Search for owners of 11 forgotten Purple Hearts in state's possession continues

The Illinois treasurer's office is trying to return to their rightful owners 11 Purple Heart medals that were left in safety deposit boxes and ended up in government possession.

Treasurer Michael Frerichs said the first time he saw a Purple Heart in person was shortly after he was elected in 2015. He was being shown around his new office that had a display case of interesting objects recovered in old safety deposit boxes.

"'Whose medal is this?'" Frerichs recalled asking his staffers, who didn't have an answer. "So I said let's track down the person, let's make a greater effort."

Since then, Frerichs' office has reunited seven medals either with the people who earned them or their descendants. The oldest active military award in the U.S., a Purple Heart is bestowed to service members wounded in action.

But Googling names and searching public records over the years has gotten Frerichs' office only so far. Last year, the office turned to the public for help by releasing just the names and last known cities connected to the person that rented the safe deposit boxes in which the Purple Hearts were found.

"Our ask is simple. If you recognize a name and you know they had contact with the city, then reach out to them or their relatives because maybe we have their Purple Heart," Frerichs said.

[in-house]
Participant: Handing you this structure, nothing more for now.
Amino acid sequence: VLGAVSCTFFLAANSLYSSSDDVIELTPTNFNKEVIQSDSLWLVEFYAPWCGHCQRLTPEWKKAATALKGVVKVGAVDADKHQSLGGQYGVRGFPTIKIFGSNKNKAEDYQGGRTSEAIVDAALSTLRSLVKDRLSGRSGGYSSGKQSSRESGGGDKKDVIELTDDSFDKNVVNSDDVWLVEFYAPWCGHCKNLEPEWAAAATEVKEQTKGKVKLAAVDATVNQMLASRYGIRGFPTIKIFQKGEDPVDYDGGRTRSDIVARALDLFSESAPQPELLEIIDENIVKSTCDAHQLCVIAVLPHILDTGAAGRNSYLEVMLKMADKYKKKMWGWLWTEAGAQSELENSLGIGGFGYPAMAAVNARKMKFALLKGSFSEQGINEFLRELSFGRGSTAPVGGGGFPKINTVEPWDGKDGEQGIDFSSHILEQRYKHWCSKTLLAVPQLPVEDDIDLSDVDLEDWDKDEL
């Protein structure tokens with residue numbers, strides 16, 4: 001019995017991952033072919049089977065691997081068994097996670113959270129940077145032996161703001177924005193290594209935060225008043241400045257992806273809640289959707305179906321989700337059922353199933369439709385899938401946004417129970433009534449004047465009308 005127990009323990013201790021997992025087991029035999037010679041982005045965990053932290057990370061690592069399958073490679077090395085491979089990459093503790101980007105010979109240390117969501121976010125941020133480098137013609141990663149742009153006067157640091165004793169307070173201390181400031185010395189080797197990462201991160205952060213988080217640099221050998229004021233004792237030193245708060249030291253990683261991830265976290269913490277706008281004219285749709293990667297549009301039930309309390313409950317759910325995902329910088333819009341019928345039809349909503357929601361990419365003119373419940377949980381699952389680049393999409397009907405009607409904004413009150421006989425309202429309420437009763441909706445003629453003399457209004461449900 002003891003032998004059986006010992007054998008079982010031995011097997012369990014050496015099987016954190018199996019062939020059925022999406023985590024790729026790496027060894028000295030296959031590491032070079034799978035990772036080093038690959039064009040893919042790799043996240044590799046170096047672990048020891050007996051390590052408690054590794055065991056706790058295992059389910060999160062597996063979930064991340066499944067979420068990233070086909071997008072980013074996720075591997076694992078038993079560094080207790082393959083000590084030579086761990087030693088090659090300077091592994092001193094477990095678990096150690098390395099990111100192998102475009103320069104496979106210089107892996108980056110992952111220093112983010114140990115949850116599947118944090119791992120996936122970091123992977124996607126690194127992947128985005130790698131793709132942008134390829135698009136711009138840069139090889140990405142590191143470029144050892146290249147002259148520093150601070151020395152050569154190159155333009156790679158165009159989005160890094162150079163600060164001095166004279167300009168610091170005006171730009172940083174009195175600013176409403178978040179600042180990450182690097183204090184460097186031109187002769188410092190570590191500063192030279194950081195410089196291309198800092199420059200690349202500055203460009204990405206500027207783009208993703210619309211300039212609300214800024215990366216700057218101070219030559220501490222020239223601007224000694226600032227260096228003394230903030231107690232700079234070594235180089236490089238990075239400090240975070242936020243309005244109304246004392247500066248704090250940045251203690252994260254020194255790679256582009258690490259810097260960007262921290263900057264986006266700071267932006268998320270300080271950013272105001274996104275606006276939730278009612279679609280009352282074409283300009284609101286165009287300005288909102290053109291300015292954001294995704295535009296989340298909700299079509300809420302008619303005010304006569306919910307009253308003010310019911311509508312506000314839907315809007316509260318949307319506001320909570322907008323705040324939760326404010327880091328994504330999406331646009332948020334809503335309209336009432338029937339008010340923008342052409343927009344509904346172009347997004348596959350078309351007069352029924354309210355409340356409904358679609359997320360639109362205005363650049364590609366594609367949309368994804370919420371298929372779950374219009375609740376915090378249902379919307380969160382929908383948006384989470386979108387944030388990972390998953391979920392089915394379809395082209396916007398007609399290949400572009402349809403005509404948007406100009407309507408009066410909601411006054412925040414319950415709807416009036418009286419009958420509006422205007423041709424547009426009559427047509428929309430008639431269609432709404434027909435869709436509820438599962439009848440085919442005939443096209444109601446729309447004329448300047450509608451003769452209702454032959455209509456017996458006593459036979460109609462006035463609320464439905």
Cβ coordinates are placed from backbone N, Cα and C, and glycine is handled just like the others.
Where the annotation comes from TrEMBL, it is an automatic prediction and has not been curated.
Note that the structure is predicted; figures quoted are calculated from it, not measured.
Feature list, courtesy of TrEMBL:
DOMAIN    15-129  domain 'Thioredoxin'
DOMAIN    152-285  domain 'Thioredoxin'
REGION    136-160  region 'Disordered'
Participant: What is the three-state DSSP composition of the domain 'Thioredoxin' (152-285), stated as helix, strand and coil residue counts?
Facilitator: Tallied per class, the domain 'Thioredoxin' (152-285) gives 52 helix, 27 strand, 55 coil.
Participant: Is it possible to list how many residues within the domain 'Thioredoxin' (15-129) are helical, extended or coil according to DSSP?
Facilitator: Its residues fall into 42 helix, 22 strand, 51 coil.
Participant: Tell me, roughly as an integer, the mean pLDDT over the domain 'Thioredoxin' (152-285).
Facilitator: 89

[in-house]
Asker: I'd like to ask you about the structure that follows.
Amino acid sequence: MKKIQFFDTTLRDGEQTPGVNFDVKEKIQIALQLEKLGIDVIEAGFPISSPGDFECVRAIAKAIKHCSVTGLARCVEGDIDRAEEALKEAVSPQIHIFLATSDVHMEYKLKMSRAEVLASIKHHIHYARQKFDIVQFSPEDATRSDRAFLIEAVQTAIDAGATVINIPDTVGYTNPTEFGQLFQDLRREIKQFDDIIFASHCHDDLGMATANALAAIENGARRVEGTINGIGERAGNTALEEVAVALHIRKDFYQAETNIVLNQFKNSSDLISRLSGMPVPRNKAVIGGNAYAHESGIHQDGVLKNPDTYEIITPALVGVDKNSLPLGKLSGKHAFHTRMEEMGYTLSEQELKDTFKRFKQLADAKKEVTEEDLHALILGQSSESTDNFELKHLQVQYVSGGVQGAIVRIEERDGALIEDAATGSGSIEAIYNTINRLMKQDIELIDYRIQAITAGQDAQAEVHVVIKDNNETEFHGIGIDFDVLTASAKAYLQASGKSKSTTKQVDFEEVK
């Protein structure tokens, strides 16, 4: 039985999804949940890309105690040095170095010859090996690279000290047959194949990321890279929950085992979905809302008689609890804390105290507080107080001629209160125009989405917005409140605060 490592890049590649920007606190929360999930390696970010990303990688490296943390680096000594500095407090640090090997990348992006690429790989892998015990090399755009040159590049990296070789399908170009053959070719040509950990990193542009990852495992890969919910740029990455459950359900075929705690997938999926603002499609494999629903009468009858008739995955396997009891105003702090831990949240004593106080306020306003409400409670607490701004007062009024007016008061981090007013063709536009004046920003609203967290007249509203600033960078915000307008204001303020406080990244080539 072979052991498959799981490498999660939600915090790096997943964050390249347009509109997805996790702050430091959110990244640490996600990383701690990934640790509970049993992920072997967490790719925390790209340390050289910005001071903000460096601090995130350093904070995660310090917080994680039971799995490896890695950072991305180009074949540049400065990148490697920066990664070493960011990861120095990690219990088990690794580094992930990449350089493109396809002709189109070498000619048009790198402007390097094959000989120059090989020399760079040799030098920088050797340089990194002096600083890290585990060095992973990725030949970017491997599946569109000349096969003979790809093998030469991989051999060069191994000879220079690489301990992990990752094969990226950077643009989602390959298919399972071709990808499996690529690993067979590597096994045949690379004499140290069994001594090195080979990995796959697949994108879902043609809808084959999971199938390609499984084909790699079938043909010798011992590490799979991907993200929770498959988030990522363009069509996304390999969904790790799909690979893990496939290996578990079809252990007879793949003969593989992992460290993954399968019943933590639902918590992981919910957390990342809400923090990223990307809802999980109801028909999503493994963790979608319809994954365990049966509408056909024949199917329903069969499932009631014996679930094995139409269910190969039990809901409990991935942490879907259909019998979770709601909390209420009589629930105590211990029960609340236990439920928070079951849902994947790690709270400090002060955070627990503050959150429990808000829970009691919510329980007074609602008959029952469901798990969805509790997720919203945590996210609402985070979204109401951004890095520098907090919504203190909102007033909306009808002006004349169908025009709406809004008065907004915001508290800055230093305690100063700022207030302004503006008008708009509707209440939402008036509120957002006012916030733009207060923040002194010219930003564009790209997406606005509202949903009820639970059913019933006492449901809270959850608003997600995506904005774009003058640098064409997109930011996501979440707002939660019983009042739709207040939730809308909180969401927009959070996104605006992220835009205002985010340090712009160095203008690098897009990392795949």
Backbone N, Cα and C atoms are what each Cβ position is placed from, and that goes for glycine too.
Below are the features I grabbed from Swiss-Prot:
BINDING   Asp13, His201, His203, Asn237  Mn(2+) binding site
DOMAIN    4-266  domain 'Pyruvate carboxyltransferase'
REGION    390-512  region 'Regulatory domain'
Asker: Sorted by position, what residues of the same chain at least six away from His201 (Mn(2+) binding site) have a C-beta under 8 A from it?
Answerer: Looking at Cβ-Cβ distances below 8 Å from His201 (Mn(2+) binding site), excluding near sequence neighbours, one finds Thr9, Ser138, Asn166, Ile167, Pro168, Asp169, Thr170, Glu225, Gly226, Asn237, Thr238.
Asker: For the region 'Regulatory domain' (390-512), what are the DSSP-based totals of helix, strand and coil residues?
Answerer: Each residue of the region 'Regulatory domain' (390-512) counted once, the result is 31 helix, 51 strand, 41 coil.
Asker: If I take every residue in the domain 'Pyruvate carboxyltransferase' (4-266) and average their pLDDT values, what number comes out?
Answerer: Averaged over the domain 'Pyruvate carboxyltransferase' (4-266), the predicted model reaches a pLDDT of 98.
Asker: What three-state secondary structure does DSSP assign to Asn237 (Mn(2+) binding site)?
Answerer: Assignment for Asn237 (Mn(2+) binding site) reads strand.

This year Frerichs authorized the release of additional information his staff has gathered for each safety deposit box.

The unclaimed medals include one belonging to Michelle Steward or Patricia VanHasselaere, who are believed to have lived in Round Lake. The treasurer's office received the medal in a safety deposit box in October 2018. The box also had a will for VanHasselaere.

Other suburban Purple Hearts that need reclaiming include one from a box owned by Darien resident David Gorski. The box was submitted to the state in October 2003 by Hinsbrook Bank & Trust in Darien. Based on the other objects in the box, treasurer's office staffers believe the Purple Heart may have been given to a World War II veteran.

Another medal was found in a box belonging to Lawrence M. Burns, sent to the government by Advanced Bank in South suburban Homewood in November 1997. The office believes Burns has chosen to live in a remote area in California.

To access the state's unclaimed property database, in which all 11 forgotten Purple Hearts are registered, visit The database includes an estimated $3.5 billion in unclaimed property.

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